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Lilenfield Chapter 1 - Popular psychology industry(24 a...

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Popular psychology industry (24): a sprawling network of everyday sources of information about human behavior. Naïve Realism (25): the belief that we see the world precisely as it is. “seeing is believing” (26) Our common sense tells us that our memories accurately capture virtually everything we’ve seen but research demonstrates otherwise. It assures us that people who don’t share same beliefs are biased, but that we’re objective. Our beliefs shape our perceptions of the world. Common sense can also be a helpful guide for generating hypotheses that scientist can later test in rigorous investigations. Patients whose corpus callosum (a large band of fibers connecting the brain’s left and right hemispheres) has been surgically removed show many unusual behaviors. The media (self help books, internet) is expanding every year. Some self- help books are misleading and dangerous (95%) while others maybe helpful. The internet is usually misleading and the psychics, “channelers” are also flopped when put to the test. Psychotherapy- some are helpful for psychological problems. o “Thought Field Therapy”, a treatment that claims to alleviate severe anxiety by tapping on body areas that supposedly radiate important psychological “energies”, report cure rates of 98%. “Cures” vs. “Treatments” Popular Psychology (28): contains plenty of accurate information about human behavior, but hard to find. Subliminal messages (28): messages that aren’t consciously perceived but that supposedly affect behavior. “insist on evidence” ( 29) Science is an approach to evidence. Communalism (29): a willingness to share our findings with others. By Robert Merton. It underscores the point that scientists are part of a community of scholars who work together. Disinterestedness (29): scientists should try their best to be objective when evaluating evidence. Scientists should be influenced by personal or financial investments in their research. By Merton. Best scientists- must realize their biases and that the results of the study could be negative. They may “unintentionally” change some things because they are prone to self-deception. Aware that they might be mistaken. Confirmation bias (30): the tendency to seek out evidence that supports our hypotheses and neglect or distort evidence that contradicts them. “Seek and ye shall find.” It results in psychological tunnel vision. Ex. Wason selection task- 4 cards. Ex. Mark Snyder and William Swann- extravert, outgoing, or an introvert. Also Political office candidates. “mother of all biases.”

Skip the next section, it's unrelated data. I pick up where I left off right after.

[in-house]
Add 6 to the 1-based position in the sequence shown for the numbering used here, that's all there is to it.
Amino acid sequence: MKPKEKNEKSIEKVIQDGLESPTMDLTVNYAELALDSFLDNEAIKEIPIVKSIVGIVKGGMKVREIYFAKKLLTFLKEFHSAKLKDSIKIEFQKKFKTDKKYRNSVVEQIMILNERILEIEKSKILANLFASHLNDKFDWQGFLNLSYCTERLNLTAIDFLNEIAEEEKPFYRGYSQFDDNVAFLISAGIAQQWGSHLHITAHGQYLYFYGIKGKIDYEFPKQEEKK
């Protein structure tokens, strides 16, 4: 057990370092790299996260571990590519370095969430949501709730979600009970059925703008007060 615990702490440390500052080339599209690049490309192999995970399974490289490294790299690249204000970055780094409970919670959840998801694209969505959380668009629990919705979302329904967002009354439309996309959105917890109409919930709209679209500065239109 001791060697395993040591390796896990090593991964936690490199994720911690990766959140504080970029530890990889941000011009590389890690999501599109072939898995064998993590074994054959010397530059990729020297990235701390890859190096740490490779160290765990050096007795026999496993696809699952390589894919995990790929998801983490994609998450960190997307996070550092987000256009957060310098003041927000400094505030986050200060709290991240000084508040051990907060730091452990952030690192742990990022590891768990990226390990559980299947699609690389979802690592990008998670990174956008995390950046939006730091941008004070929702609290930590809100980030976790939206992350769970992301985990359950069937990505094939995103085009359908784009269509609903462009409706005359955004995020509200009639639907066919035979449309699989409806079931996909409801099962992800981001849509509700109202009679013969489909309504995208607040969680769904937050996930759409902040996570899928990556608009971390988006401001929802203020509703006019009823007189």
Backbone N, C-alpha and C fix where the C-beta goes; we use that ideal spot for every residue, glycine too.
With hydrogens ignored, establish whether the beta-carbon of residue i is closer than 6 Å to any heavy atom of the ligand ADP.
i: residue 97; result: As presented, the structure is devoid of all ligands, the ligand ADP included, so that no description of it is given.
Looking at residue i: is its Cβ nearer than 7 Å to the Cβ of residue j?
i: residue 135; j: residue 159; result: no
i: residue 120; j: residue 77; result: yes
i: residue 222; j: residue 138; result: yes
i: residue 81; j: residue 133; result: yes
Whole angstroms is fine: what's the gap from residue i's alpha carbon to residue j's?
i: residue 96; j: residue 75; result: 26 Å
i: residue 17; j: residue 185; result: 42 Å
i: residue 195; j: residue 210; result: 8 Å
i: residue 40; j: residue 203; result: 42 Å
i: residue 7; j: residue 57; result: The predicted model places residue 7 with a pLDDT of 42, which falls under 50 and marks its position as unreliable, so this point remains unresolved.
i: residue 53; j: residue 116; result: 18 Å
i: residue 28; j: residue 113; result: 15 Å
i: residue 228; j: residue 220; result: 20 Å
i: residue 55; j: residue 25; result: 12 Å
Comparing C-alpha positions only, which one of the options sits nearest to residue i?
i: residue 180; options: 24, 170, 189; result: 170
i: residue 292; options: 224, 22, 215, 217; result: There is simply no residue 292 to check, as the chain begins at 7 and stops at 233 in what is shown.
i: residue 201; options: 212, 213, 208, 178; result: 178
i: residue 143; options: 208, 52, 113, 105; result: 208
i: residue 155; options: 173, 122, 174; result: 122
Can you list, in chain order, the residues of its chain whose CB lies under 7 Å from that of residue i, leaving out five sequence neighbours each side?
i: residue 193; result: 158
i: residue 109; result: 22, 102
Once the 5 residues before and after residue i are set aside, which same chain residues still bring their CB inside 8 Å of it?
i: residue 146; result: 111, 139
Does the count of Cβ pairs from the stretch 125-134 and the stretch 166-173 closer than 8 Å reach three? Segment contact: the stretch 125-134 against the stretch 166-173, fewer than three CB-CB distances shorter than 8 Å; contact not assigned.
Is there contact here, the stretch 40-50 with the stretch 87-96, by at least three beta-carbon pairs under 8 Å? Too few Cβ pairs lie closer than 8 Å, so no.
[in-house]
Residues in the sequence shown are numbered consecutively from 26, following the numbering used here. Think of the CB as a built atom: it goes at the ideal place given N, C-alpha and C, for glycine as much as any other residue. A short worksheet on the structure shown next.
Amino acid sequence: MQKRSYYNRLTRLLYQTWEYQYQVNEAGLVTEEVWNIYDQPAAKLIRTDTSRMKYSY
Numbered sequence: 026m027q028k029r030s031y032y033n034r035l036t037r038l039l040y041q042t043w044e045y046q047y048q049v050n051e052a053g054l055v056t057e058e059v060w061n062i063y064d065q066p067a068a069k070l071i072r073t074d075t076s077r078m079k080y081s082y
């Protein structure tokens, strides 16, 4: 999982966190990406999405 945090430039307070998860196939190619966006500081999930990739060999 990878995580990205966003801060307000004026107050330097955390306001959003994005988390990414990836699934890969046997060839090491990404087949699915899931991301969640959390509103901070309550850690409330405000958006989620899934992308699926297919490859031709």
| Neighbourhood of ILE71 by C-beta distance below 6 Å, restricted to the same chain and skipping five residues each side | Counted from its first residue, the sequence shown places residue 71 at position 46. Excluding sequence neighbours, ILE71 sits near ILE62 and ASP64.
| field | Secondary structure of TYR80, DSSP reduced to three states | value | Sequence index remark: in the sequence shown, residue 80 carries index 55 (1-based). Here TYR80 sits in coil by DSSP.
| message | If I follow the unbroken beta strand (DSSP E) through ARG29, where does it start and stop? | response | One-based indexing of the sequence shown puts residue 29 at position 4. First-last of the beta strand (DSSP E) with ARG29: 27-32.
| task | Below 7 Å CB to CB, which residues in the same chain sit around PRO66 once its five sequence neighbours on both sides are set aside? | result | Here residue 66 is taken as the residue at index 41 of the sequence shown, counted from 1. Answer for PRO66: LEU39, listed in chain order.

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Brain imaging (31): all subjects exhibited activity in their orbiotfrontal cortex (brain behind our eyes) while evaluating their candidate’s contradictions suggesting emotional processing.
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